About half of Batter & Cream’s orders are in New York, mostly in Manhattan, and they ship nationwide. A lot of people send the whoopie packages as gifts, says Fife. Sure enough, the standard packaging comes with a bow and appears ready-made to be a gift.
The pricing fits with an upscale Manhattan lifestyle, though, with a 10-pack box of mini whoopie pies ringing in at $15.50, with a $12 hand delivery fee in Manhattan. (Full disclosure: Batter & Cream sent a complimentary 10-pack to That’s So Manhattan to try.) However, New Yorkers can order the whoopie pies through Postmates for just a $3 delivery fee. Plus, if the circumstances allow for it, customers can pick up orders from Batter & Cream’s Midtown office.
In addition to coming in cute packaging, the whoopie pies themselves are tasty little treats, and the variety of flavors makes them fun to try. The most popular flavors are cookie dough — which now uses the delicious cookie dough from Do (another NYC food business with a similar model) as its filling — as well as cookies and cream, and chocolate peanut butter pretzel.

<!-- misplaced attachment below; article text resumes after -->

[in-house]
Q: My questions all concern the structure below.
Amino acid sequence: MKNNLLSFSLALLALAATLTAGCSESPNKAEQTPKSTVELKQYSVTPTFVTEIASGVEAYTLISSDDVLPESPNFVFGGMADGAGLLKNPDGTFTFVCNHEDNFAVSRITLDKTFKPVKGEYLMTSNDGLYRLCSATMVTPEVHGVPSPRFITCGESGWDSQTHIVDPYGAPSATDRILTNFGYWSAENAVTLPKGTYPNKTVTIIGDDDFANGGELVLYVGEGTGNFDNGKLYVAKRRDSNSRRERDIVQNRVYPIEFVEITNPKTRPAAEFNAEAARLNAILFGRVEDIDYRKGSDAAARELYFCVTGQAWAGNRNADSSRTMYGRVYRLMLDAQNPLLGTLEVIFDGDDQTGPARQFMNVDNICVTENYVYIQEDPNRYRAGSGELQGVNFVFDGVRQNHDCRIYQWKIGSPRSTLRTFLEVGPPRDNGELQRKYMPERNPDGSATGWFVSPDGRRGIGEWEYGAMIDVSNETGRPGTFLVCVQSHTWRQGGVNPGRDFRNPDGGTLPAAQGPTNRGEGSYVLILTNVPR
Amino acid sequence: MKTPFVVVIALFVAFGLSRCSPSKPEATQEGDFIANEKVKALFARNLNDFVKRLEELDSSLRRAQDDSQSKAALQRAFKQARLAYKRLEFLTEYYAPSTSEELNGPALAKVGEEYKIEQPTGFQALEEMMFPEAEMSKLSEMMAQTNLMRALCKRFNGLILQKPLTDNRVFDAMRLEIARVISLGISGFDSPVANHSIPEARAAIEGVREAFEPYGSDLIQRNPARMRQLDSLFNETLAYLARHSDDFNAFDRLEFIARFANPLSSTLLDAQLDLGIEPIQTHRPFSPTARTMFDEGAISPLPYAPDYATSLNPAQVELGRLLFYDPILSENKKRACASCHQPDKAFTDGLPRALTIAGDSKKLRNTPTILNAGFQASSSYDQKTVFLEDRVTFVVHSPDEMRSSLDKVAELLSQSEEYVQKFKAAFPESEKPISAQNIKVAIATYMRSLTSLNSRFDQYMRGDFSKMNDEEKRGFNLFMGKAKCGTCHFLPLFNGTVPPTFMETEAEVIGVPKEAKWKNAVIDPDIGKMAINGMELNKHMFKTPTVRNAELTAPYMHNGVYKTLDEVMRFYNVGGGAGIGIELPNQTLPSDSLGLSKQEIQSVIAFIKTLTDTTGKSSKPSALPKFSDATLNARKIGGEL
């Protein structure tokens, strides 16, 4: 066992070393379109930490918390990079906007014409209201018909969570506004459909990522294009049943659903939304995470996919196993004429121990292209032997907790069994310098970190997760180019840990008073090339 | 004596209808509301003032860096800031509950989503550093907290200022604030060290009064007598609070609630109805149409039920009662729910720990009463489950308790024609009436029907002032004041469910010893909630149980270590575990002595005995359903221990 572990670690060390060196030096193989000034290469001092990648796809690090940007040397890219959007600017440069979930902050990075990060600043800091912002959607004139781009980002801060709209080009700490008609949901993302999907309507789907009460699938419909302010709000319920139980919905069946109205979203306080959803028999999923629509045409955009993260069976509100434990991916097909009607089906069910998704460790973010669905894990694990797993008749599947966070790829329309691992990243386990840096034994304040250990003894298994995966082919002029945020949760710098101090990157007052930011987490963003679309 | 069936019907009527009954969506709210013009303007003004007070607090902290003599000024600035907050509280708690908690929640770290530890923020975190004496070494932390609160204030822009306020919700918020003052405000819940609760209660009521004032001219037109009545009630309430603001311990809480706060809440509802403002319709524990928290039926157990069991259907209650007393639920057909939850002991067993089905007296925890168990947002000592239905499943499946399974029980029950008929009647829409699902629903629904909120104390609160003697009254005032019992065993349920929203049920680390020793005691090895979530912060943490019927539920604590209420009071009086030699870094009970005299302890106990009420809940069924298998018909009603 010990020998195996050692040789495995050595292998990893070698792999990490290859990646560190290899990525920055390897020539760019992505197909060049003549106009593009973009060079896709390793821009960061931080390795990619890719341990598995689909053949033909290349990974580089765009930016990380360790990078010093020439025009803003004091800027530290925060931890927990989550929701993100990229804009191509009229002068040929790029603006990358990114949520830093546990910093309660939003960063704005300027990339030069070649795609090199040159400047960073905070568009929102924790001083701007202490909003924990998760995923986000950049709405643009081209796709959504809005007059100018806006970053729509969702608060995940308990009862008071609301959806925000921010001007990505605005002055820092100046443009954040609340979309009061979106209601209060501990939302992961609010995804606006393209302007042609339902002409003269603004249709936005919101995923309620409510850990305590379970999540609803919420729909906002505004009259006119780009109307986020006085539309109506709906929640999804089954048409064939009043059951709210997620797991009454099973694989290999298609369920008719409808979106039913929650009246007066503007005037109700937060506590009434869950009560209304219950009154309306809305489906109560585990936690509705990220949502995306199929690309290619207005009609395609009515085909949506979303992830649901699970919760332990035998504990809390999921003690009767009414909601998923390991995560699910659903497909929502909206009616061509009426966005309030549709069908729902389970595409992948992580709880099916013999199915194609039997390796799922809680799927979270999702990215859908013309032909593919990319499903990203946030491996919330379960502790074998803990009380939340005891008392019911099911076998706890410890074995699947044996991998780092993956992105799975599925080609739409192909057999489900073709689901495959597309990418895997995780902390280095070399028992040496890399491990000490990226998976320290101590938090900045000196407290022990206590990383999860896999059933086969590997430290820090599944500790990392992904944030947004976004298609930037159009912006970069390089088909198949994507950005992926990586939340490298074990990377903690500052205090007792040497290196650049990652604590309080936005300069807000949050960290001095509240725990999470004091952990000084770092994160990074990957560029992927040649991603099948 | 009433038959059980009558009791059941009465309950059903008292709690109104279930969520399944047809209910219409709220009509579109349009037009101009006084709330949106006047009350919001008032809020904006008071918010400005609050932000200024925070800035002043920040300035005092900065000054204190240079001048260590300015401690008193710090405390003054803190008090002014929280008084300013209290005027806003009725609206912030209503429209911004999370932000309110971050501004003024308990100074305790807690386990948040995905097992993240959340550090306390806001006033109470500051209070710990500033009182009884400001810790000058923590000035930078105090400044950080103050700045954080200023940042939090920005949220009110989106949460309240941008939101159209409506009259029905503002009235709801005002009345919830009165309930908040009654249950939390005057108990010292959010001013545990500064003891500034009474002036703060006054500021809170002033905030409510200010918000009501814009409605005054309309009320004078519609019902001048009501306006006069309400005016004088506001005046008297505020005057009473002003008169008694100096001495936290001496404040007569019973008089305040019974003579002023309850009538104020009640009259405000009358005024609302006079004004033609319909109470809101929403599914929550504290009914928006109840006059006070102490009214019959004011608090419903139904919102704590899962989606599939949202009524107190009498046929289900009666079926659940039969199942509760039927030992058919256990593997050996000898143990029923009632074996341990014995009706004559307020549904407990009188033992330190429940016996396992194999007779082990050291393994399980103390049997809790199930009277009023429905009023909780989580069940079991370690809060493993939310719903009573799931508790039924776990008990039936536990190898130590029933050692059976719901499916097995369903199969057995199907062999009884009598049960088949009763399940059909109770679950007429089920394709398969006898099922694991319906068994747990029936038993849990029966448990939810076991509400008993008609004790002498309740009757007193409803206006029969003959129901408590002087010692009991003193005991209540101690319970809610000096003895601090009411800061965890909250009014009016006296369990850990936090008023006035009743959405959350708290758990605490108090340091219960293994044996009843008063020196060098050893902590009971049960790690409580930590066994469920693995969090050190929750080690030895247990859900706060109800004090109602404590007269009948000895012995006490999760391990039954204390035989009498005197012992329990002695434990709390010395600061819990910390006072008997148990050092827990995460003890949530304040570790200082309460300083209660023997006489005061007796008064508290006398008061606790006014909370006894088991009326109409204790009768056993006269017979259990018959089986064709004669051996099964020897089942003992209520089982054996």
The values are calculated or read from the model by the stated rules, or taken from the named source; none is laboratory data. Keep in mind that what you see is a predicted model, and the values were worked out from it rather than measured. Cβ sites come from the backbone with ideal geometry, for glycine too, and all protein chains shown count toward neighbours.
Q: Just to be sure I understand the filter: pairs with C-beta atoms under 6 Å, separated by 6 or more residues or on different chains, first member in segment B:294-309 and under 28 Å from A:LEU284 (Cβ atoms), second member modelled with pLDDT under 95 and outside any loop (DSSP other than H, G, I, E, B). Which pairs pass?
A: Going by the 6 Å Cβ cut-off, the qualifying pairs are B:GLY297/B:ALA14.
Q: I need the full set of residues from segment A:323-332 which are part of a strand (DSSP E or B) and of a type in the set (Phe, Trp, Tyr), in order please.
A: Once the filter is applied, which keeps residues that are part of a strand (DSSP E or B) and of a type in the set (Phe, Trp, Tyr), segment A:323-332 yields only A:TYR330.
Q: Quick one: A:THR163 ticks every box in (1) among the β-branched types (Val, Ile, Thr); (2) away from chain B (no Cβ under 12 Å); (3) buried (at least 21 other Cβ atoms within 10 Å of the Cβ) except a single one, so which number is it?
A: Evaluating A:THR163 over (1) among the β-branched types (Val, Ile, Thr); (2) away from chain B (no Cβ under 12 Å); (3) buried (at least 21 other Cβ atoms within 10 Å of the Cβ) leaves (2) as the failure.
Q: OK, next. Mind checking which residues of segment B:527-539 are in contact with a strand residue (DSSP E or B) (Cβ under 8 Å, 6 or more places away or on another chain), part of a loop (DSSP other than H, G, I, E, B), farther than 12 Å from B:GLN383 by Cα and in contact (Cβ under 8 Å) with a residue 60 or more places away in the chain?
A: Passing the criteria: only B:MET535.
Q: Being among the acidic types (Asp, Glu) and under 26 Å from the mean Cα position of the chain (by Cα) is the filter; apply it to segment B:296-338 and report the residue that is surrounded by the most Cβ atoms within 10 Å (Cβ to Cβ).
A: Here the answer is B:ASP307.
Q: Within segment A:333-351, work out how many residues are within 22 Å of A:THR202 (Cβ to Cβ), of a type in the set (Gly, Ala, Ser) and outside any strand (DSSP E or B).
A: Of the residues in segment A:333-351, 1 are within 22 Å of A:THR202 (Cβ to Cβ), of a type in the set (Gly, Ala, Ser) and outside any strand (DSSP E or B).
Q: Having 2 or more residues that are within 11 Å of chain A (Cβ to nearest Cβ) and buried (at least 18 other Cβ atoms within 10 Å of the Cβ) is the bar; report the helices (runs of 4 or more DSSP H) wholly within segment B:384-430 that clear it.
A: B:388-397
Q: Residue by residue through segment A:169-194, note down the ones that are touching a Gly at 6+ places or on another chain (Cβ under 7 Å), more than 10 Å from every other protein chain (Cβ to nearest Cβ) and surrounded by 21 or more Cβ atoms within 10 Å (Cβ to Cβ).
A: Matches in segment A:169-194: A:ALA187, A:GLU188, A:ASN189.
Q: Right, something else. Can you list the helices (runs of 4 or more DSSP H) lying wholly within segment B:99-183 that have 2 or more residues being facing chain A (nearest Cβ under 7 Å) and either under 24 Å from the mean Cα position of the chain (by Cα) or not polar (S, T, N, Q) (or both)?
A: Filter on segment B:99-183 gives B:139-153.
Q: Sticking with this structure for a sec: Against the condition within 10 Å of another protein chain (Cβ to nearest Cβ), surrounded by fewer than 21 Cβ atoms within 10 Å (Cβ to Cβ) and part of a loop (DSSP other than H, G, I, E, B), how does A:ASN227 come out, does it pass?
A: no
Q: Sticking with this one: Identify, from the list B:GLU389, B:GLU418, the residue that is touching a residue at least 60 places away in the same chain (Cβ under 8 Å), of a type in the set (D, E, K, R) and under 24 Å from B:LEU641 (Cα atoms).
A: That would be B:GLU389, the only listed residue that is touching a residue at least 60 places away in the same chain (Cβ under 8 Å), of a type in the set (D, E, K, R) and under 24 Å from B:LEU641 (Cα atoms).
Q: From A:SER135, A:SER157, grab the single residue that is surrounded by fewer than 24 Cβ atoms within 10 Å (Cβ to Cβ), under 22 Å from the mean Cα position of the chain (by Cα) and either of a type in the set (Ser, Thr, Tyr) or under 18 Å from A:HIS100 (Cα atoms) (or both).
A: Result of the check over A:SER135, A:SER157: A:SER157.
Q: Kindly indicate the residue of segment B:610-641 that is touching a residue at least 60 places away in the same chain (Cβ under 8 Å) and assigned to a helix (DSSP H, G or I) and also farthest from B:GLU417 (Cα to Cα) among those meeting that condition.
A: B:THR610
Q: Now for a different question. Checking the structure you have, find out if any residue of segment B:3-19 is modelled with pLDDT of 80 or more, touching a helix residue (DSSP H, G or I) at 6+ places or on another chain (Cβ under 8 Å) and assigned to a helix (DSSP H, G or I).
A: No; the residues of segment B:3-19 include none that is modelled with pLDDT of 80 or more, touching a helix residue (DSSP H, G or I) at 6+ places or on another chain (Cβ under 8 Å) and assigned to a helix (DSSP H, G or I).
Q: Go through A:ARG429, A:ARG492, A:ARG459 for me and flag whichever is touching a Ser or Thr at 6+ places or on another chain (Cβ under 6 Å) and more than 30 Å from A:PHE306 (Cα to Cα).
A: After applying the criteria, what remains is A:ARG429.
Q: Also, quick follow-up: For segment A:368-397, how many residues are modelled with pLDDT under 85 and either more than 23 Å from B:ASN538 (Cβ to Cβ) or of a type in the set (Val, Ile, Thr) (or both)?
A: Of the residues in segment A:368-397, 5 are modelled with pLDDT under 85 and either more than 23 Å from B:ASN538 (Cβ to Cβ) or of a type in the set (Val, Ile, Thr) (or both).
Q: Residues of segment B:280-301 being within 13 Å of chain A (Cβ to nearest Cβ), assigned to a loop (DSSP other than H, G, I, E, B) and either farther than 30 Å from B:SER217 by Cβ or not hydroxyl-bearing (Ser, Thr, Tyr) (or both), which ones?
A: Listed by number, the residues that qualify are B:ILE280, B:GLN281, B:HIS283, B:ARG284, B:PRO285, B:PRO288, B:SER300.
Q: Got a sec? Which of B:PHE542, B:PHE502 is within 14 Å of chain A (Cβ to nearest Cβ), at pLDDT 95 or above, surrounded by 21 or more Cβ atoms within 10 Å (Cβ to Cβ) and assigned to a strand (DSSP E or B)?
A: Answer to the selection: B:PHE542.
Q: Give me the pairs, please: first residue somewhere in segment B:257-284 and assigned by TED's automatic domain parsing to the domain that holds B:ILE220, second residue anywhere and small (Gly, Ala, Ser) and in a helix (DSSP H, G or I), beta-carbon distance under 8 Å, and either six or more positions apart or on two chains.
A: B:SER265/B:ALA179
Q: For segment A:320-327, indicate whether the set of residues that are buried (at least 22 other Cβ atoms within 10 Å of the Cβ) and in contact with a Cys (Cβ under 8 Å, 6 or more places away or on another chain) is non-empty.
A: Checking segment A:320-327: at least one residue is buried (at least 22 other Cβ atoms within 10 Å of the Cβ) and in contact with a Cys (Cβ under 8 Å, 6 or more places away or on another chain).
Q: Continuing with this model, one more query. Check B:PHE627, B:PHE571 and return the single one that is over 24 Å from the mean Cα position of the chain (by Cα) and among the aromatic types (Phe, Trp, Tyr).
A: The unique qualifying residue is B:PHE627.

Batter & Cream uses all fresh ingredients, which makes some flavors seasonal, like Fife’s favorite, strawberry basil. “It tastes like the best part of summer that you can have,” she says.
Aside from the location logistics, Batter & Cream is looking to expand its variety, such as its recent customization options via sugar printing on edible paper that goes on top of the whoopie pies.
Plus, Fife says she’s always coming up with fun flavors.
“I love getting as weird as possible,” she says. “I really want to do a chocolate curry flavor.”
The challenge, however, is getting enough traction for a flavor to make it worth it to stock the fresh ingredients.
But judging by Fife’s ability to overcome the challenge of starting a business in a brand new territory for her, dealing with flavors should be a breeze. Take it to the bank — Batter & Cream is on the rise as a unique part of Manhattan’s food culture.